Image credit:,where you can get the Nautilus for $134.96 with free shipping.

    Review: gets a thumbs down

    See the end of this review for an update.

    I really wanted to like In fact, I expected to. Their prices were good, the web site was easy to navigate, they responded to the email I sent to their on-staff certified technicians about the Sunshine Radian, Sally from the company has commented here on my posts about the Radian, and they offer $1 Return Shipping Insurance. I was so sure that I would like them that I was even looking forward to signing up as an affiliate once everything was settled with our new car seats. Alas, it wasn’t meant to be.

    At first, everything seemed to be going fine. I bought two Sunshine Radian65s from them a couple of weeks ago, and I happily paid the extra dollar for Return Shipping Insurance. I have no complaints about that transaction – at least, not yet. Hopefully, my refund will processed without a problem next week. (I’ll update this post at that time.)

    But everything went downhill with my second transaction. Because I had to send the Radians back, I ordered two Britax Regents – again from, and again with $1 Return Shipping Insurance. I ordered on Sunday, and on Tuesday, I received a call saying they’d canceled my order because the color I selected was out of stock and for whatever reason, the computer didn’t reflect that. Okay, these things happen. But when I asked if they’d upgrade my order to expedited shipping if I placed another order for a different color, my request was refused.

    That means I won’t be doing business with anymore, and I can’t recommend them to you. It’s terrible customer service to make a mistake and not offer anything to the customer to make up for it. And even if I’d been inclined to brush off the error, I can’t wait an extra three days for the new seats, which is why I asked for the upgraded shipping. The EliteCarSeats web site says free shipping to where I live takes four to five days, which would have the Regents arriving early next week. The car is supposed to be fixed by then (fingers crossed), so I can’t wait that long. (And I’m not paying for shipping – since it’s calculated by weight, any savings from ordering online would be negated by the shipping costs.)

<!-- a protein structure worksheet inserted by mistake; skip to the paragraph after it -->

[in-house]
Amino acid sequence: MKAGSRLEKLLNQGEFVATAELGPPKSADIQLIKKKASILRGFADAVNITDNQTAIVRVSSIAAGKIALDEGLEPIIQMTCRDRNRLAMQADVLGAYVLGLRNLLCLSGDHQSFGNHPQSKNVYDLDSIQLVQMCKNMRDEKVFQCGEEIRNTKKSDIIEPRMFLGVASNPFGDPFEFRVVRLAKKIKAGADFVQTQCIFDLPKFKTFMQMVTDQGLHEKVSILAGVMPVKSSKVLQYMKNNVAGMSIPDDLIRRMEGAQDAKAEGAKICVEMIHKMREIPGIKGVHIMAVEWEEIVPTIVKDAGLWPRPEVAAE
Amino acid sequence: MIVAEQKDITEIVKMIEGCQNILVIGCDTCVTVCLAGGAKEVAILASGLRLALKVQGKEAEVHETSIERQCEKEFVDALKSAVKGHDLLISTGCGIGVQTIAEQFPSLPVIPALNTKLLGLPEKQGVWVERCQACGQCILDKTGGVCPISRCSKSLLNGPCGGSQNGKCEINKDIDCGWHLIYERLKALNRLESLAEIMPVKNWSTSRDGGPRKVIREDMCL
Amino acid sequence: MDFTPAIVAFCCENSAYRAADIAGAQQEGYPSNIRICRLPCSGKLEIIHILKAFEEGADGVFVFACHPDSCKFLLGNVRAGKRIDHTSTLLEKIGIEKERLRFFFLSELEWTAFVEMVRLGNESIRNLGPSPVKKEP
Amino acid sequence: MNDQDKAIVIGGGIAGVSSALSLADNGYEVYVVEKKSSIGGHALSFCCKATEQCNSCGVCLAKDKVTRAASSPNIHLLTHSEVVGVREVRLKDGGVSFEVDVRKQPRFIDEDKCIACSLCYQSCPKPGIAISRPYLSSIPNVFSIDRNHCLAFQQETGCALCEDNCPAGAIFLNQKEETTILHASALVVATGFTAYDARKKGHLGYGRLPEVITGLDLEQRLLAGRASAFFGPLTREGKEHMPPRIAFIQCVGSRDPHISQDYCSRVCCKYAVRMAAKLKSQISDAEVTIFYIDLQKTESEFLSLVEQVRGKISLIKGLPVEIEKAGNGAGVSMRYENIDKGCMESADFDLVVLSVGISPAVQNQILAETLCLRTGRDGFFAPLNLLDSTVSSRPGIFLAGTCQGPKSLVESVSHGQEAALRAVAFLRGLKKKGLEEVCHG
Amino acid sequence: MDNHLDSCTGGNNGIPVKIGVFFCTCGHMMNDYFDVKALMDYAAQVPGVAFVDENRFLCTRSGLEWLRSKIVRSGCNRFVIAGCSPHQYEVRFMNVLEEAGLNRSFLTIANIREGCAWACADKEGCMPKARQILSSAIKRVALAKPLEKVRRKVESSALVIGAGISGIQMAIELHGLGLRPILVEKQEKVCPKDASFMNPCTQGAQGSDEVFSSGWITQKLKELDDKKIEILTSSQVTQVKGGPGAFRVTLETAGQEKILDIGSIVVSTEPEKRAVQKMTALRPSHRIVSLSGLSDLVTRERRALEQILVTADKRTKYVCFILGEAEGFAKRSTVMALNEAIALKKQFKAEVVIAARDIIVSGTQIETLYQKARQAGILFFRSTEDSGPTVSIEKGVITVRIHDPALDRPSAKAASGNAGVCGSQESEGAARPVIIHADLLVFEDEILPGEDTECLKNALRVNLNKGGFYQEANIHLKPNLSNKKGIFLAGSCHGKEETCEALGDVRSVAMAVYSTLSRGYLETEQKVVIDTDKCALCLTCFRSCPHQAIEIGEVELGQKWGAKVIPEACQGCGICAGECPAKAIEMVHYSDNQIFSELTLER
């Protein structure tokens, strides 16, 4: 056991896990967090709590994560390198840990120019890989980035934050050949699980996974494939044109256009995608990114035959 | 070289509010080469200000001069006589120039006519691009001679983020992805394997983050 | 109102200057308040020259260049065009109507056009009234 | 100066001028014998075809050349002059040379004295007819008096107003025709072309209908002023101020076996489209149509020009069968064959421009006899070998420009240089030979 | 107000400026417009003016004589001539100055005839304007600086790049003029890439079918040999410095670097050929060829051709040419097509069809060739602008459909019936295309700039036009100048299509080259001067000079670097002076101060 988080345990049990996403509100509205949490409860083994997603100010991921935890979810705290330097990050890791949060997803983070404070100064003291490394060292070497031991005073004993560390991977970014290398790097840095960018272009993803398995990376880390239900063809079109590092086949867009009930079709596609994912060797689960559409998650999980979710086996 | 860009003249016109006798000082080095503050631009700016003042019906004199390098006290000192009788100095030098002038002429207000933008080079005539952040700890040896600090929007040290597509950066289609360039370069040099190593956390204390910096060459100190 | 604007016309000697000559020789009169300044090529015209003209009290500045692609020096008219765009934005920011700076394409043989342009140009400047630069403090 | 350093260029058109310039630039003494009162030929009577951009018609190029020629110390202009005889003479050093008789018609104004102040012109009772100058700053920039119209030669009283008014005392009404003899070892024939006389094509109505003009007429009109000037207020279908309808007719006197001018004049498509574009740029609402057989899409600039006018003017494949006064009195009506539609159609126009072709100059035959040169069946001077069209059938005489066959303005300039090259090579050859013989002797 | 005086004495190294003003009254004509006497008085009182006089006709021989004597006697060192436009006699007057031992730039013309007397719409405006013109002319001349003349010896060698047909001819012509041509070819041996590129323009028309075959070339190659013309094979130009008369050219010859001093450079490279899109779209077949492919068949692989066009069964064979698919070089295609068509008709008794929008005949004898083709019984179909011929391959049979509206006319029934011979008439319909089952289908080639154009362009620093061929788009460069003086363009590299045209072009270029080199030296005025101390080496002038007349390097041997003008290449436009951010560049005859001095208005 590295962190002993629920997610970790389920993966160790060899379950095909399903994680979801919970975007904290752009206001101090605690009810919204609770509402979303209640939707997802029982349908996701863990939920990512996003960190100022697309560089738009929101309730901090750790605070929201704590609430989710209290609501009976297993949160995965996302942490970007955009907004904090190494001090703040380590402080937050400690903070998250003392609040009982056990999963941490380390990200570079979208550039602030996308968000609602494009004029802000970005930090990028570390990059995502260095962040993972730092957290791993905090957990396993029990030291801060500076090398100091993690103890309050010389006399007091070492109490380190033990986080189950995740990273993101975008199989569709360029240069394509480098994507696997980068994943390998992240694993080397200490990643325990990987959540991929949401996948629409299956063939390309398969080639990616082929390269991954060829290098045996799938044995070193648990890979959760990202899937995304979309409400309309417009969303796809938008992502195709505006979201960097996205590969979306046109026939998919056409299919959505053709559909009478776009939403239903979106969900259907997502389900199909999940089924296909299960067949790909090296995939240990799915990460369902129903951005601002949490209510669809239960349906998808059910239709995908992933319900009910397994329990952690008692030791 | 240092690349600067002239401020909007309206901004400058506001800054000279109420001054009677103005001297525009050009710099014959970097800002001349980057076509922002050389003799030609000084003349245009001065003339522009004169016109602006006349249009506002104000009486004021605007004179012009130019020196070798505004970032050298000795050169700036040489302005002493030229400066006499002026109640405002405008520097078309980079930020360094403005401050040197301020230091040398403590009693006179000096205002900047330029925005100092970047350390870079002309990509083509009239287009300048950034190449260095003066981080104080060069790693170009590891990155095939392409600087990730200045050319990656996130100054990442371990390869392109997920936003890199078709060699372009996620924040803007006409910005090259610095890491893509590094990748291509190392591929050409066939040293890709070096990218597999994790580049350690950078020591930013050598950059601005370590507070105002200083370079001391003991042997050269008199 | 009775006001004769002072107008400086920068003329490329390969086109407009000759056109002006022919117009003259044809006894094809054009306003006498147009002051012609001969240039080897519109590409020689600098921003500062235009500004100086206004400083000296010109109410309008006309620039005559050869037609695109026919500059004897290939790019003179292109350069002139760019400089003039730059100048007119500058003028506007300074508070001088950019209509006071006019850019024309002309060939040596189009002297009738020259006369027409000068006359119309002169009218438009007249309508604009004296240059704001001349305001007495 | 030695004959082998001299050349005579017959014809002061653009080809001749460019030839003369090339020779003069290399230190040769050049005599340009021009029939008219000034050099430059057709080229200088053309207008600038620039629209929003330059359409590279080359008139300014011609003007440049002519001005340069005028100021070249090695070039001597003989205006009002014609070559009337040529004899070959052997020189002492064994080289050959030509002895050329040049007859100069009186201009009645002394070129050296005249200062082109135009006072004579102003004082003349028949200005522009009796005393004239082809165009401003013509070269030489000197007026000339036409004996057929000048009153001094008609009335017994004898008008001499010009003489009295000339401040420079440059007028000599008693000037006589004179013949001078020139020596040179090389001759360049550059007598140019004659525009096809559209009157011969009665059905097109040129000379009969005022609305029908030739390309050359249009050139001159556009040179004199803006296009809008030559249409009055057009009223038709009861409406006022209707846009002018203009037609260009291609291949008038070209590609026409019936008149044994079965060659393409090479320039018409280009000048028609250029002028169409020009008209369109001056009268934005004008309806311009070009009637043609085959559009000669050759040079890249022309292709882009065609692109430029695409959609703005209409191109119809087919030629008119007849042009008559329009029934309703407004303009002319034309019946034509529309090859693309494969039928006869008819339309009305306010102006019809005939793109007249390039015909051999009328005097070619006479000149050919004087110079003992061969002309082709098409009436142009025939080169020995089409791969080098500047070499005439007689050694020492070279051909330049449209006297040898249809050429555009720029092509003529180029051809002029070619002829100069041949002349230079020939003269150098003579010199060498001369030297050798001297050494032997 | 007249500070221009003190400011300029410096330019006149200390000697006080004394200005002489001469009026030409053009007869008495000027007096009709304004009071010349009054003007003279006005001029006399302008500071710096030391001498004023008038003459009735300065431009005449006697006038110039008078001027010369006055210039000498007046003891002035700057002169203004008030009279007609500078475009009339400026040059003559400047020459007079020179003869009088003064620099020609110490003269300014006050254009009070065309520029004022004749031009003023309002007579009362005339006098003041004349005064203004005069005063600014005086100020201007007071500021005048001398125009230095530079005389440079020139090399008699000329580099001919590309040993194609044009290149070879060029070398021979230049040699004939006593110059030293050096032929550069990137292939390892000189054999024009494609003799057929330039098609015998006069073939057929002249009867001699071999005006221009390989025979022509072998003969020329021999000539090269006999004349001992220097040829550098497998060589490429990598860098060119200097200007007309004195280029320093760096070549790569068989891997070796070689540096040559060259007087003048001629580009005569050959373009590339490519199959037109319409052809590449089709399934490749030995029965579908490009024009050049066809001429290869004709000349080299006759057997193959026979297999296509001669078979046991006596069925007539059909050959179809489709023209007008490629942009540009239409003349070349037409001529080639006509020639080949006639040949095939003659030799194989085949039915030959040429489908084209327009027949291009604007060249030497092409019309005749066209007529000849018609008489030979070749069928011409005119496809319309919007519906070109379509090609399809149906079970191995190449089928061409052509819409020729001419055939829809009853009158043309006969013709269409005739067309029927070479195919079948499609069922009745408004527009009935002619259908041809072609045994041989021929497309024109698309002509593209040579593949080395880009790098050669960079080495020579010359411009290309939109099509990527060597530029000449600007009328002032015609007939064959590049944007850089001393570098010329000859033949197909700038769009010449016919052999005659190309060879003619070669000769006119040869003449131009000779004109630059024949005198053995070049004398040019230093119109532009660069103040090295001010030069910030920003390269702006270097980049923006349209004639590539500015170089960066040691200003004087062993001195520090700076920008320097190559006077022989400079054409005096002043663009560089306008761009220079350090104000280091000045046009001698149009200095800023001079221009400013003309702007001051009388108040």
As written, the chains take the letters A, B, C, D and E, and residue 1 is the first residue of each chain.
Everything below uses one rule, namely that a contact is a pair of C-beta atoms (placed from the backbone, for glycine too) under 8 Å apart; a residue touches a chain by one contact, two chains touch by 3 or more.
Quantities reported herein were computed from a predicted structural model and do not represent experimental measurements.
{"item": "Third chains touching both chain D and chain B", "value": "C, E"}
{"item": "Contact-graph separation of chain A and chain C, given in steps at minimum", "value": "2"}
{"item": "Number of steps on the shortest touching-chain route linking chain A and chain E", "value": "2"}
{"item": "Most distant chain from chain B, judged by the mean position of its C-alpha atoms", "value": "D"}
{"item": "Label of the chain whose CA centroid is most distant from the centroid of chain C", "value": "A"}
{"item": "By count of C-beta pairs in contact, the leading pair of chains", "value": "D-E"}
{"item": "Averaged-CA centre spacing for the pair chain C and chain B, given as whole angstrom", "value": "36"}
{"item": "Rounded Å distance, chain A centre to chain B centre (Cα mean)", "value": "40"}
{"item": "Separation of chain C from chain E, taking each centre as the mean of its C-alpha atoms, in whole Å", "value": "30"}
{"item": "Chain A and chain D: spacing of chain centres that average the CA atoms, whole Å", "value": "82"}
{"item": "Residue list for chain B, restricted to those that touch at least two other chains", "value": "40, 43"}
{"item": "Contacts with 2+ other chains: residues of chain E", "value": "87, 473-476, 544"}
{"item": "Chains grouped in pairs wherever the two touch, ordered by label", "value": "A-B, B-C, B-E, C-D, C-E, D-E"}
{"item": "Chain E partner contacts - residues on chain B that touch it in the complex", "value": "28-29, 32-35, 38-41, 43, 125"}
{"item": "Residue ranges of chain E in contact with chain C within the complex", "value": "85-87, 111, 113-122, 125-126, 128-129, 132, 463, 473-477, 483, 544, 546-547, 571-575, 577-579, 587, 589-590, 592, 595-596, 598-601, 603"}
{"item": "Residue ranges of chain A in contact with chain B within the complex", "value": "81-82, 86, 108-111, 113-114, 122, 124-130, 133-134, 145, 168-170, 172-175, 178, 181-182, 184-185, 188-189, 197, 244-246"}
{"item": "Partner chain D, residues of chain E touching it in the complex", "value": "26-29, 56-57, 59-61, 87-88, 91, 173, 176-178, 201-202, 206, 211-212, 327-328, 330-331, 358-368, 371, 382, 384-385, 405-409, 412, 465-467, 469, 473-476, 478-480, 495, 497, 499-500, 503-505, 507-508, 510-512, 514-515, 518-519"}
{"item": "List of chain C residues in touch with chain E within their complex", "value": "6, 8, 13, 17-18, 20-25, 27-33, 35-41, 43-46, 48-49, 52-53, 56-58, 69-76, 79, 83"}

So all of this also means that I’m very grateful to Camille, Quirky Mama, and easytocheck, who left comments praising the Graco Nautilus. We bought one at Target last night and will try installing it later today. I’ll let you know how that goes!

    By the way, if you’re wondering why I didn’t just pick up a Regent at Target, they only sell it online. And Babies R Us and Toys R Us are considerably further away than Target, especially in rush hour traffic. If the Nautilus doesn’t work out for some reason, I will probably throw in the towel and pick up two Marathons.

    Update: I got my refund for the Radians without a problem. There’s also an explanation from in the comments that expedited shipping simply would have cost them too much. I’m sure that’s true, but they’ve still lost my business forever since I no longer trust their their web site or customer service not to leave me hanging and costing me more money.

    In the situation above, I could have ordered Regents from Amazon and paid the same price that I paid Because of the time constraints, by the time canceled my order, I could no long buy the car seats online. Buying Regents at the store would have cost an extra $50 apiece. Because I had to buy the Nautilus at Target, I ended up paying an extra $40 apiece. Fortunately, our car insurance covered the cost of the new car seats because the replacement was necessary due to an accident, but that hopefully won’t be the case the next time we have to buy new car seats. And I won’t give the chance to put me in a bad spot again.